Fishery managers often rely on forecasts of future population abundance to set allowable harvest quotas or exploitation rates. While there has been substantial research devoted to identifying environmental factors that can predict recruitment for individual populations, such correlations often degrade over time, thereby limiting their utility for management. Conversely, examining multiple populations at once to detect shared, spatially structured patterns can offer insights into their recruitment dynamics that are advantageous for forecasting. Here, we develop a population dynamics model for natural origin coho salmon (Oncorhynchus kisutch) stocks in Washington State that leverages spatial and temporal autocorrelation in marine survival to improve one-year-ahead forecasts of adult returns. Executed in a Bayesian hierarchical integrated modelling framework, our spatiotemporal approach incorporates multiple data types and shares information among stocks to estimate key biological parameters that are informative for forecasting. Retrospective evaluation of one-year-ahead forecast skill indicated that the spatiotemporal integrated population model (ST-IPM) outperformed existing forecasts of Washington State coho salmon returns by 25–38 % on average. Moreover, the ST-IPM estimates parameters that were previously non-identifiable for many stocks, and propagates uncertainty from multiple contributing data sources into model forecasts. Our results add to a growing body of work demonstrating the utility of spatiotemporal and integrated approaches for modelling population dynamics, and the framework developed here has broad applications to the assessment and management of coho salmon in Washington State and elsewhere throughout their range.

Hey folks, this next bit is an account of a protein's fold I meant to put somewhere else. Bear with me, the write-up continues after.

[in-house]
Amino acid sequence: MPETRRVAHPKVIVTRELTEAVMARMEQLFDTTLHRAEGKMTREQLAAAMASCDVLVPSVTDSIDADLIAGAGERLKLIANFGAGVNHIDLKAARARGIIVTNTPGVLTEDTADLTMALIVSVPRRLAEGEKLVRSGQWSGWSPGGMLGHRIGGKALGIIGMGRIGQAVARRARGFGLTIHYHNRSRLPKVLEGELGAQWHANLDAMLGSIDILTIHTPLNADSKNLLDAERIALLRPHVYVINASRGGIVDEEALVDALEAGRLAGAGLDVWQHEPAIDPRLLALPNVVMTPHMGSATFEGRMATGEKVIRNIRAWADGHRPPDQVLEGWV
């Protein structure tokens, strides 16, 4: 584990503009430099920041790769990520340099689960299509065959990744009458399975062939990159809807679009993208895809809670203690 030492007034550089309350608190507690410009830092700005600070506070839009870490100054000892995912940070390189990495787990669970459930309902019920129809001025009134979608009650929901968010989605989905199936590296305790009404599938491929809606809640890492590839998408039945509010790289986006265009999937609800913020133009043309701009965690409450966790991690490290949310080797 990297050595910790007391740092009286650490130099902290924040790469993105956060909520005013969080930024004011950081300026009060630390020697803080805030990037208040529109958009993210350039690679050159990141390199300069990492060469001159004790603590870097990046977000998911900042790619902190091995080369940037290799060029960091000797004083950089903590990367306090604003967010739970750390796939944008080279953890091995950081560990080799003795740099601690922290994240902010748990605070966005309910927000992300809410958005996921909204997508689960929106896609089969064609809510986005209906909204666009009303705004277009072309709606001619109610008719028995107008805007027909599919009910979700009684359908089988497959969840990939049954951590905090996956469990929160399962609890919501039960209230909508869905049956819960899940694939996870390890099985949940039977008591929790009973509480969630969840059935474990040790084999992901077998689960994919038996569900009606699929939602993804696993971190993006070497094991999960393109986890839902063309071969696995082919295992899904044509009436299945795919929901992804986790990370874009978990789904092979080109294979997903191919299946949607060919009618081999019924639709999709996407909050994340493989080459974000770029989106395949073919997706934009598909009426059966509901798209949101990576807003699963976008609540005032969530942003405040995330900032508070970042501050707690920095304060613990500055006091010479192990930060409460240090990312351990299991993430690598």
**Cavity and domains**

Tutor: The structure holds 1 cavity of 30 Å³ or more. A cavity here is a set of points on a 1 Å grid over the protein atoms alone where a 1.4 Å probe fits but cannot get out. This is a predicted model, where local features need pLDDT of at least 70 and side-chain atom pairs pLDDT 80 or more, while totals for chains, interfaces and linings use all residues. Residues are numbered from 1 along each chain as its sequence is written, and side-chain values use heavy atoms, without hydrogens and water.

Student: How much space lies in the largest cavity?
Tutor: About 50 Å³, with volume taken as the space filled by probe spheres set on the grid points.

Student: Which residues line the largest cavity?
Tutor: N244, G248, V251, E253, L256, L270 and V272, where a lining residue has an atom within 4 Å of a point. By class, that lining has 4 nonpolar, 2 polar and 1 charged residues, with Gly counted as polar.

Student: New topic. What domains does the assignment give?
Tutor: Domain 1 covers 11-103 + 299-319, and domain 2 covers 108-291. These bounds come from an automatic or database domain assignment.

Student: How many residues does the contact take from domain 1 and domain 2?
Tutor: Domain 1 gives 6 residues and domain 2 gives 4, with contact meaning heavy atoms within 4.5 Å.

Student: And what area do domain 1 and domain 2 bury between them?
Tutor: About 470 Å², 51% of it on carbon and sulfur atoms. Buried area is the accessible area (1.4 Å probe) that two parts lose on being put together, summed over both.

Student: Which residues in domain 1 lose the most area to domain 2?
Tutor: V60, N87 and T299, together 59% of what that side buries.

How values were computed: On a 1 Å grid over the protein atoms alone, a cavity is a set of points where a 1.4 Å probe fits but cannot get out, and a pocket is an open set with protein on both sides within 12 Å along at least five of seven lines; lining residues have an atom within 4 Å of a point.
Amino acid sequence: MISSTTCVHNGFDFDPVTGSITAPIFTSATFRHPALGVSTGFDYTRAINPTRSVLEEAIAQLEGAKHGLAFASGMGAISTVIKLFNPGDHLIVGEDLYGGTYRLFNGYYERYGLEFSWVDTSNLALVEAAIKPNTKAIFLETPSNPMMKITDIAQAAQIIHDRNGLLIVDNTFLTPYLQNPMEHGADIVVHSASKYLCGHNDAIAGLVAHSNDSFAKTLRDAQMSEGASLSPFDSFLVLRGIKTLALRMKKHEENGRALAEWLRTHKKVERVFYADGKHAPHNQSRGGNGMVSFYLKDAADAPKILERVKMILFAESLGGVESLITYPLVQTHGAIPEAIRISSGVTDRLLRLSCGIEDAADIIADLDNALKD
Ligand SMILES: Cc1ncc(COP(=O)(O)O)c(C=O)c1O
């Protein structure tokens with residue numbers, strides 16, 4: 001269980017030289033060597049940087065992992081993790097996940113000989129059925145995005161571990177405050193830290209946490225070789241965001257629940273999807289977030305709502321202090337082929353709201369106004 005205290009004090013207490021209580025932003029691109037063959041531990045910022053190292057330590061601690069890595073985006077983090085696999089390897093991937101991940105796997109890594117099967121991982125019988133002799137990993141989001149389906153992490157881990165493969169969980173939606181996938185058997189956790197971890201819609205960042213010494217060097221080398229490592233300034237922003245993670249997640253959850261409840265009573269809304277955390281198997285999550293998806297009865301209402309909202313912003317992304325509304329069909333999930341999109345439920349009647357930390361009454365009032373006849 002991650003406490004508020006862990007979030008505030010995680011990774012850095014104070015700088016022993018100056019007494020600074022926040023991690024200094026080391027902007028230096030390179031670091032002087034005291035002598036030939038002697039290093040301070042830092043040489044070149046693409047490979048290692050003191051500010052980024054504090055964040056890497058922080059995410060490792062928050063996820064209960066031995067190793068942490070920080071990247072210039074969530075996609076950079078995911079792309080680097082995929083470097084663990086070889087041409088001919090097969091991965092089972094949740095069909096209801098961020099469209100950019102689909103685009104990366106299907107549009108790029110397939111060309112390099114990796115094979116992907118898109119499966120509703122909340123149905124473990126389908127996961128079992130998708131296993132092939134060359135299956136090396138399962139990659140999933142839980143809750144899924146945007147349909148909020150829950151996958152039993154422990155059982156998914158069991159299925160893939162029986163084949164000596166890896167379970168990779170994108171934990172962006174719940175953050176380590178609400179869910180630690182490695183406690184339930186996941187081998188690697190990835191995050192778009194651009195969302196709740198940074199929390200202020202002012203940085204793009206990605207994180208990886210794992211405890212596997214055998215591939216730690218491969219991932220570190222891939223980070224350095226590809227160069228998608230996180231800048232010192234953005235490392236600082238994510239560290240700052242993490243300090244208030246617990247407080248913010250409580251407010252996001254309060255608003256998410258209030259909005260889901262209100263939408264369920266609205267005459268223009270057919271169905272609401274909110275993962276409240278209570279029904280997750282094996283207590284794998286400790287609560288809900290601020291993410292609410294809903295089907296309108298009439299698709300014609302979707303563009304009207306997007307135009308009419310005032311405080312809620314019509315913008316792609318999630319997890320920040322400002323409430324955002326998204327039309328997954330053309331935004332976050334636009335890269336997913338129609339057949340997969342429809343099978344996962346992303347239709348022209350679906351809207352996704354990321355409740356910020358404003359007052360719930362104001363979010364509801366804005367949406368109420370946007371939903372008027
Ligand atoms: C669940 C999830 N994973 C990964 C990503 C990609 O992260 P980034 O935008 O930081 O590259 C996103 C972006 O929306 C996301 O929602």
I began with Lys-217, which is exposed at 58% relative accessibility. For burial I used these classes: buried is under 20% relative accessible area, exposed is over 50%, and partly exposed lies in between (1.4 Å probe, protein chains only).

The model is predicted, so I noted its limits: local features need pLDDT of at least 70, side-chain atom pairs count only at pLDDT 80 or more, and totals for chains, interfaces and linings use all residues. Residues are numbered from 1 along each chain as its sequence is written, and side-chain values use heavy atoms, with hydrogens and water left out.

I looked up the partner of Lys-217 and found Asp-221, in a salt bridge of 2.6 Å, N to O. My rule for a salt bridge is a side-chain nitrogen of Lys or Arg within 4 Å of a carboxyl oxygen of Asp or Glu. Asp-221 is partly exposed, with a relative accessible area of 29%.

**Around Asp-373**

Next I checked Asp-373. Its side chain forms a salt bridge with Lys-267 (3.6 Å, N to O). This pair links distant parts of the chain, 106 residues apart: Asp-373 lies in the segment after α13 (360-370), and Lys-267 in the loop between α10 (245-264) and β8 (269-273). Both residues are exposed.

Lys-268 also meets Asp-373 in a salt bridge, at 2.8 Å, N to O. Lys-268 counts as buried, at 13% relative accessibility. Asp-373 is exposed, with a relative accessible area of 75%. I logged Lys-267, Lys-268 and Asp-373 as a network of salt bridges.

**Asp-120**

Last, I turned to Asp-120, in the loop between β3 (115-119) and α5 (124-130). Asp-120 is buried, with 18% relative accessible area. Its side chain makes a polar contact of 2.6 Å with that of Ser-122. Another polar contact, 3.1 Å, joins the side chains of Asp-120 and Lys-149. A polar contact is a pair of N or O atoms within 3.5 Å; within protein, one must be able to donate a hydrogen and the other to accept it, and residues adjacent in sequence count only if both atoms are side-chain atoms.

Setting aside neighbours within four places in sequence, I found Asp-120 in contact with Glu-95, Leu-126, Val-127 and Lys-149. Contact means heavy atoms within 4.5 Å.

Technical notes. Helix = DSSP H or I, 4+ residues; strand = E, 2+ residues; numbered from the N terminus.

|Title||Improving short-term recruitment forecasts for coho salmon using a spatiotemporal integrated population model|
|Authors||Lukas B. DeFilippo, Thomas W. Buehrens, Mark David Scheuerell, Neala W. Kendall, Daniel E. Schindler|
|Publication Subtype||Journal Article|
|Series Title||Fisheries Research|
|Record Source||USGS Publications Warehouse|
|USGS Organization||Coop Res Unit Seattle|